I read recently that data is now considered “the new currency”. No kidding, I thought! Organisations that are seeking a competitive advantage are finding their edge in the data they capture and process.
We no longer talk about just a simple data warehouse. Instead, we’re talking about data lakes, which are a repository for all our unstructured and semi-structured data, from numerous sources.
Let’s think about a Travel company and the type of data it might store. It will capture data from customer bookings, social media activity, website logs, and industry trends. The data stored in their data lake may include:
Transactional data, such as the date and time of a booking, the destination, and the price.
Social media data, such as how many times the company has been mentioned on Twitter, and how many ‘likes’ it’s most recent Instagram post attracted.
Website logs, such as the number of visits, most popular times, user activity, and errors.
But what is the best way to store this data? You need to choose the right type of database and this depends on the type of data and how you need to process it.
As an example, social media platforms such as LinkedIn query huge amounts of connected data in order to make recommendations about people or pages that you may be interested in. Traditional relational databases, which store data in rows and columns within related tables, are not designed for these types of queries, and become slow and cumbersome to use.
Increased demand for availability, flexibility, and performance, together with a shift towards cloud providers such as AWS and Microsoft Azure, has created an eco-system consisting of many different types of database that are optimised to deal with specific types of workload.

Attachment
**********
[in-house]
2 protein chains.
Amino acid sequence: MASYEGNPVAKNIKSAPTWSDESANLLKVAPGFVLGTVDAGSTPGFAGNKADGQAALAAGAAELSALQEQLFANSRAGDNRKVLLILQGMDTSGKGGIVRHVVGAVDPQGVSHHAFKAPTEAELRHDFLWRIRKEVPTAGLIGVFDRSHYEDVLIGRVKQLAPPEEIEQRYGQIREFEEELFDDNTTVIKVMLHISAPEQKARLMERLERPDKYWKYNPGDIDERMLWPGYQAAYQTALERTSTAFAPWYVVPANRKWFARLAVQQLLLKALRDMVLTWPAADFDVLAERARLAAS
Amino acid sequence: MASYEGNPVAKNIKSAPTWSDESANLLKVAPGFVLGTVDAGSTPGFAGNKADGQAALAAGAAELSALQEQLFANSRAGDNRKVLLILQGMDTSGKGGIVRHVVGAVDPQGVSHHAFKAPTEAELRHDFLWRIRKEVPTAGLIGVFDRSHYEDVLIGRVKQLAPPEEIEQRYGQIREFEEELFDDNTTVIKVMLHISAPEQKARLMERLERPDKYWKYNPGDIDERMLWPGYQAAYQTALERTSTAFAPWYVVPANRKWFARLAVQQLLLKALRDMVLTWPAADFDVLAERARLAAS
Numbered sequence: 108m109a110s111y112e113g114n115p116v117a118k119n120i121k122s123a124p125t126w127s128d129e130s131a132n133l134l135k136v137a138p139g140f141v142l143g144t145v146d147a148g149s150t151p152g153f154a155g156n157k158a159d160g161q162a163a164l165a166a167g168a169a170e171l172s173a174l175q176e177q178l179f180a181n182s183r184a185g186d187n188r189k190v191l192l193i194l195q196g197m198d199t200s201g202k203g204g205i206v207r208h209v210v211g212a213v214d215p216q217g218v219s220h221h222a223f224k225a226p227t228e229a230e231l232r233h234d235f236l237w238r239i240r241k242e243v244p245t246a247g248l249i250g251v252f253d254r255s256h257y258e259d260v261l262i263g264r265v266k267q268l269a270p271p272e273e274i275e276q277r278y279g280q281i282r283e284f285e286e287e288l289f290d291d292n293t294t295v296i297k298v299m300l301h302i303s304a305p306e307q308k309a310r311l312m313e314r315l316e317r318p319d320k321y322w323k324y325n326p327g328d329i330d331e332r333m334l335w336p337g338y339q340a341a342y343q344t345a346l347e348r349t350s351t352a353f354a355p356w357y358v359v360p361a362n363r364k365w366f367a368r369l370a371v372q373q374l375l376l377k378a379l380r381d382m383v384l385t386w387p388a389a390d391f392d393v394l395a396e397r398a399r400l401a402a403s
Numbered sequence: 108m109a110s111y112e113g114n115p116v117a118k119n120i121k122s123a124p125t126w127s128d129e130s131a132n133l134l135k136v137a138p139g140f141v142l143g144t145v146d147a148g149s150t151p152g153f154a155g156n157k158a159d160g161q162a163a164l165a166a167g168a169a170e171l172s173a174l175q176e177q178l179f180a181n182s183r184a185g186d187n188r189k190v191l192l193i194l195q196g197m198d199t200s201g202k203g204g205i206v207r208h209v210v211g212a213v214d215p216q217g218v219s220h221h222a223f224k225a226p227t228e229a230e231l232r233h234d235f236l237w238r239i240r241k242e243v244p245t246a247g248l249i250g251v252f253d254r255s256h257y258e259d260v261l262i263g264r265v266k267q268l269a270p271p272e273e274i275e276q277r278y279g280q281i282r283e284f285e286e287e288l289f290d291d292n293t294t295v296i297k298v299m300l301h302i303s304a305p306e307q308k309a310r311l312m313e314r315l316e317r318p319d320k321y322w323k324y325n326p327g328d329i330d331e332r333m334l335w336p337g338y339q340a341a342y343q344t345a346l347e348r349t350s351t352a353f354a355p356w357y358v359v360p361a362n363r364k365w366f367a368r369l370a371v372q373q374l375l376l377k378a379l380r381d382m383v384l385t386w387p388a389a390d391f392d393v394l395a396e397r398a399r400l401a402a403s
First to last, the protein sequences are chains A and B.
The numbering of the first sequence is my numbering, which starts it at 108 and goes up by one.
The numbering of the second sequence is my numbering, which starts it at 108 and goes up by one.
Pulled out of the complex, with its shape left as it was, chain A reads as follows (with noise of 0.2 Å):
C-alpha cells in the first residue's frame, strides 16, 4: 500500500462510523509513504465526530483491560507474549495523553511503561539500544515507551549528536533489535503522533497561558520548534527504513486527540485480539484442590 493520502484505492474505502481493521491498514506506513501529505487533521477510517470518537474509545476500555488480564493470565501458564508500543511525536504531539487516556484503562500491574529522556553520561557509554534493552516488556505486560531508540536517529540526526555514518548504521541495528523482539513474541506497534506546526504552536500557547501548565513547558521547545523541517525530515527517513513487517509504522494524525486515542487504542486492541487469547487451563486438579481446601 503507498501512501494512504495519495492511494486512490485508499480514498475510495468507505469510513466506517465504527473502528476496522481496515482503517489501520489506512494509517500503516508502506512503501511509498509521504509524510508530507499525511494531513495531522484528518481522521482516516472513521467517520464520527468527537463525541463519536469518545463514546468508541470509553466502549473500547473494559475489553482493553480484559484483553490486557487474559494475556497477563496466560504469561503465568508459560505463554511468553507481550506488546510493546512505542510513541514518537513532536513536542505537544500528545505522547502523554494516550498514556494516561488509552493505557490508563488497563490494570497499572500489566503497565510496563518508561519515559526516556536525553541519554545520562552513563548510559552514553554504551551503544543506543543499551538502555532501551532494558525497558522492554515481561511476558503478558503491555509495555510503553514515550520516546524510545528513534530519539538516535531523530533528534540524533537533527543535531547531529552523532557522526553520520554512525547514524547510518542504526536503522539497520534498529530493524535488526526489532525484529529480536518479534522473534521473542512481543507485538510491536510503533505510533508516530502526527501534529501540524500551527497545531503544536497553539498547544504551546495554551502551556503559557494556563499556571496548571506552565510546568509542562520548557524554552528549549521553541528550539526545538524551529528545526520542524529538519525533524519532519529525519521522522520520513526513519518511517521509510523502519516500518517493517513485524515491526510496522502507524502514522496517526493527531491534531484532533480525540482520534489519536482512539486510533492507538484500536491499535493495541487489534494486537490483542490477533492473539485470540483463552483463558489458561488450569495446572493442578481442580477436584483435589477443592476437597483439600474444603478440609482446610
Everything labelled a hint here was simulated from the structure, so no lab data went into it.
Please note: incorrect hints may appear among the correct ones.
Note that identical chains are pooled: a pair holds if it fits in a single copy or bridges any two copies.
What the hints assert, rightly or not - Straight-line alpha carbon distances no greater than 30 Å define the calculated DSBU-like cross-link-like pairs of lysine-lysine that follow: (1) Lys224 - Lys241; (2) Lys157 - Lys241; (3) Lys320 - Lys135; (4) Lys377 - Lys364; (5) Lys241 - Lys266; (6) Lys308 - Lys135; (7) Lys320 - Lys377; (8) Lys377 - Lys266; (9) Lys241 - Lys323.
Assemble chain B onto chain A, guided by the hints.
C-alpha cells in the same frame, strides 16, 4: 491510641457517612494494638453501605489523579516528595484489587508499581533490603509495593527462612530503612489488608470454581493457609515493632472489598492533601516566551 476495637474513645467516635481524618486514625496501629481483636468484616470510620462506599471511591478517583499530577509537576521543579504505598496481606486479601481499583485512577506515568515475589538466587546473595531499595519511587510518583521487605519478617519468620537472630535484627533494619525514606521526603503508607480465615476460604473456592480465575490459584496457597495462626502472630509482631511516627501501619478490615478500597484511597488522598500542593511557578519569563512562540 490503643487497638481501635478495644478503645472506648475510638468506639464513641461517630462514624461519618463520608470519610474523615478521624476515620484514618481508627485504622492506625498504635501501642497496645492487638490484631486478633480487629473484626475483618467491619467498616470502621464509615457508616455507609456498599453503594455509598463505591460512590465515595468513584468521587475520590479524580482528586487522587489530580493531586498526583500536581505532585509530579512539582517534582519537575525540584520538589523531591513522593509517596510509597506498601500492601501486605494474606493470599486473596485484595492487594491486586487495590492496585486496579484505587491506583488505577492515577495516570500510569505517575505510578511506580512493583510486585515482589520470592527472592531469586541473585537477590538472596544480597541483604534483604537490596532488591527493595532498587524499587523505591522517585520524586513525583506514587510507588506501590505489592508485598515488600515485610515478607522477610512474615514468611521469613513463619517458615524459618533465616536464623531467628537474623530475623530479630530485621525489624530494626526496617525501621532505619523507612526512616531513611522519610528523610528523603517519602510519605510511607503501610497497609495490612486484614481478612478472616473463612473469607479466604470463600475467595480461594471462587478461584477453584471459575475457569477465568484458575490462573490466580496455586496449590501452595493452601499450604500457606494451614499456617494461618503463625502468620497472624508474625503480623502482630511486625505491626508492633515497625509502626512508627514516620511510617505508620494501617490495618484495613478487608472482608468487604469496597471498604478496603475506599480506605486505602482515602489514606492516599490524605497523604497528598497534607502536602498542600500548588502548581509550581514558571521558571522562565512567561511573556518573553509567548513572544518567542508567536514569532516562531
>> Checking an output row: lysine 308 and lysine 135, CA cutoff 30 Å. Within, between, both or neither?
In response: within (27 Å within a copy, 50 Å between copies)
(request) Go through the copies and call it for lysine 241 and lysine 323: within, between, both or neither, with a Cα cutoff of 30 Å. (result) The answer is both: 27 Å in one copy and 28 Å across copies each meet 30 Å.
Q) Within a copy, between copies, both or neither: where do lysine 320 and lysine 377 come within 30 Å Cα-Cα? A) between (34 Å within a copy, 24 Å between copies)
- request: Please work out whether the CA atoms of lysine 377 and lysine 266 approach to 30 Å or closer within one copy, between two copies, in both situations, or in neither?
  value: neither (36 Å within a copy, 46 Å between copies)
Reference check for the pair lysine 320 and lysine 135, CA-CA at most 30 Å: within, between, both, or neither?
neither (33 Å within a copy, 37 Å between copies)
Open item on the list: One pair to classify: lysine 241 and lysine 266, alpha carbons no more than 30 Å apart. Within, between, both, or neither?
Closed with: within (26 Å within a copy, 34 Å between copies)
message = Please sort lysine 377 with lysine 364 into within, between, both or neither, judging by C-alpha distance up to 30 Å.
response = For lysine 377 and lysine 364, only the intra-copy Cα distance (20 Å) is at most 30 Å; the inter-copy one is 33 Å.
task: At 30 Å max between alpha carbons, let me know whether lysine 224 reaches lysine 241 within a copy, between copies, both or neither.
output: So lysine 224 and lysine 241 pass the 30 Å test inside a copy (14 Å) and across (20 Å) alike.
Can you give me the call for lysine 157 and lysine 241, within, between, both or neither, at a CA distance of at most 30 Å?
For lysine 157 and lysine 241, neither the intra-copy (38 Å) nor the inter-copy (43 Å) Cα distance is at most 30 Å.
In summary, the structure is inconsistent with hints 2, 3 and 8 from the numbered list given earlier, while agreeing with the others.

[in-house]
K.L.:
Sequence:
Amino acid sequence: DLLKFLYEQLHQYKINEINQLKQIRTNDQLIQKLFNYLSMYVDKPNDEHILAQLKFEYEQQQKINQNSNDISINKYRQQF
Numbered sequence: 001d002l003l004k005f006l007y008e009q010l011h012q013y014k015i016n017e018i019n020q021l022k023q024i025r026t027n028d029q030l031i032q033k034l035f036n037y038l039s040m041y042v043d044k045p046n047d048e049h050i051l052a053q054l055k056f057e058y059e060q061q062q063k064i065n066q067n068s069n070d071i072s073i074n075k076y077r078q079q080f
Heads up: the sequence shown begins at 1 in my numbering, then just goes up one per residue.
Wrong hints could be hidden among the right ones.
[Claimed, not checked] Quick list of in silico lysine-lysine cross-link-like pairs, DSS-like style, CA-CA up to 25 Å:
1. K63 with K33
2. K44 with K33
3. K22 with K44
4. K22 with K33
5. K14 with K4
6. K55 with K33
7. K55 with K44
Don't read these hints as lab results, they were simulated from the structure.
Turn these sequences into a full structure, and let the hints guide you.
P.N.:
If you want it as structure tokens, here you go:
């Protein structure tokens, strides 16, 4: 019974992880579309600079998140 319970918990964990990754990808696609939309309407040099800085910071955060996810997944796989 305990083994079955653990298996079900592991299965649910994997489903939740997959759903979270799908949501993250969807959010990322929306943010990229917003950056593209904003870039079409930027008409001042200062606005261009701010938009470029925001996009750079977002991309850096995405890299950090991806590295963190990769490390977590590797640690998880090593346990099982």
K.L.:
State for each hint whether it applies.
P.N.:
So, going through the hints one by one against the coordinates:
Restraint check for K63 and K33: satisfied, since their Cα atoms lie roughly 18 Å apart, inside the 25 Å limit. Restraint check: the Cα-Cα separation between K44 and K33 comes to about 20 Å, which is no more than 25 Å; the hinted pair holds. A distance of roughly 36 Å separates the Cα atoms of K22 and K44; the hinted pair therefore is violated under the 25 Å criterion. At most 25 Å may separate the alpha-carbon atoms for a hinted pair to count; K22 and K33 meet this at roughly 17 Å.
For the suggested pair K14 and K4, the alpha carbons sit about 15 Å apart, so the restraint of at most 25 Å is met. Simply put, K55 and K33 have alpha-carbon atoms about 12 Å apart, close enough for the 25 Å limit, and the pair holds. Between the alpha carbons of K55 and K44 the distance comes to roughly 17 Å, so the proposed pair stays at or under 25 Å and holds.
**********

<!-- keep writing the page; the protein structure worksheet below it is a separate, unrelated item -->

As a result, we now have a seemingly unlimited amount of options and services when it comes to storing our data. Here’s a brief rundown of some of these options and the scenarios and common use-cases.
|Key Features||Referential integrity, ACID transactions, Fixed Schema|
|Examples||AWS Aurora, AWS RDS, Azure SQL Database, MySQL, Microsoft SQL Server|
|Common Use Cases||ERP systems, CRM systems, finance systems, lift and shift applications to the cloud|
Key-value / Document
|Key Features||Flexible schema, high-throughput, low latency read/write, highly scalable|
|Examples||AWS DynamoDB, Azure Cosmos DB|
|Common Use Cases||Shopping cart, social, product catalogue, customer preferences, user profiles|
|Key Features||Microsecond latency|
|Examples||AWS ElastiCache, Azure Cache for Redis|
|Common Use Cases||Gaming leaderboards, real-time analytics, caching|
|Key Features||Quick and easy navigation of complex relationships between data|
|Examples||AWS Neptune, Azure Cosmos|
|Common Use Cases||Fraud detection, social networking, recommendation engines|
|Key Features||A complete, immutable, and verifiable history of all changes over time|
|Examples||Amazon QLDB, supported in Azure SQL and Microsoft SQL Server|
|Common Use Cases||Supply chain, health care, financial transactions|
I hope this has given you a good introduction to the different types of database to consider for your data. If you’re interested in discussing this further, please get in touch with us at Koderly for a coffee and a chat!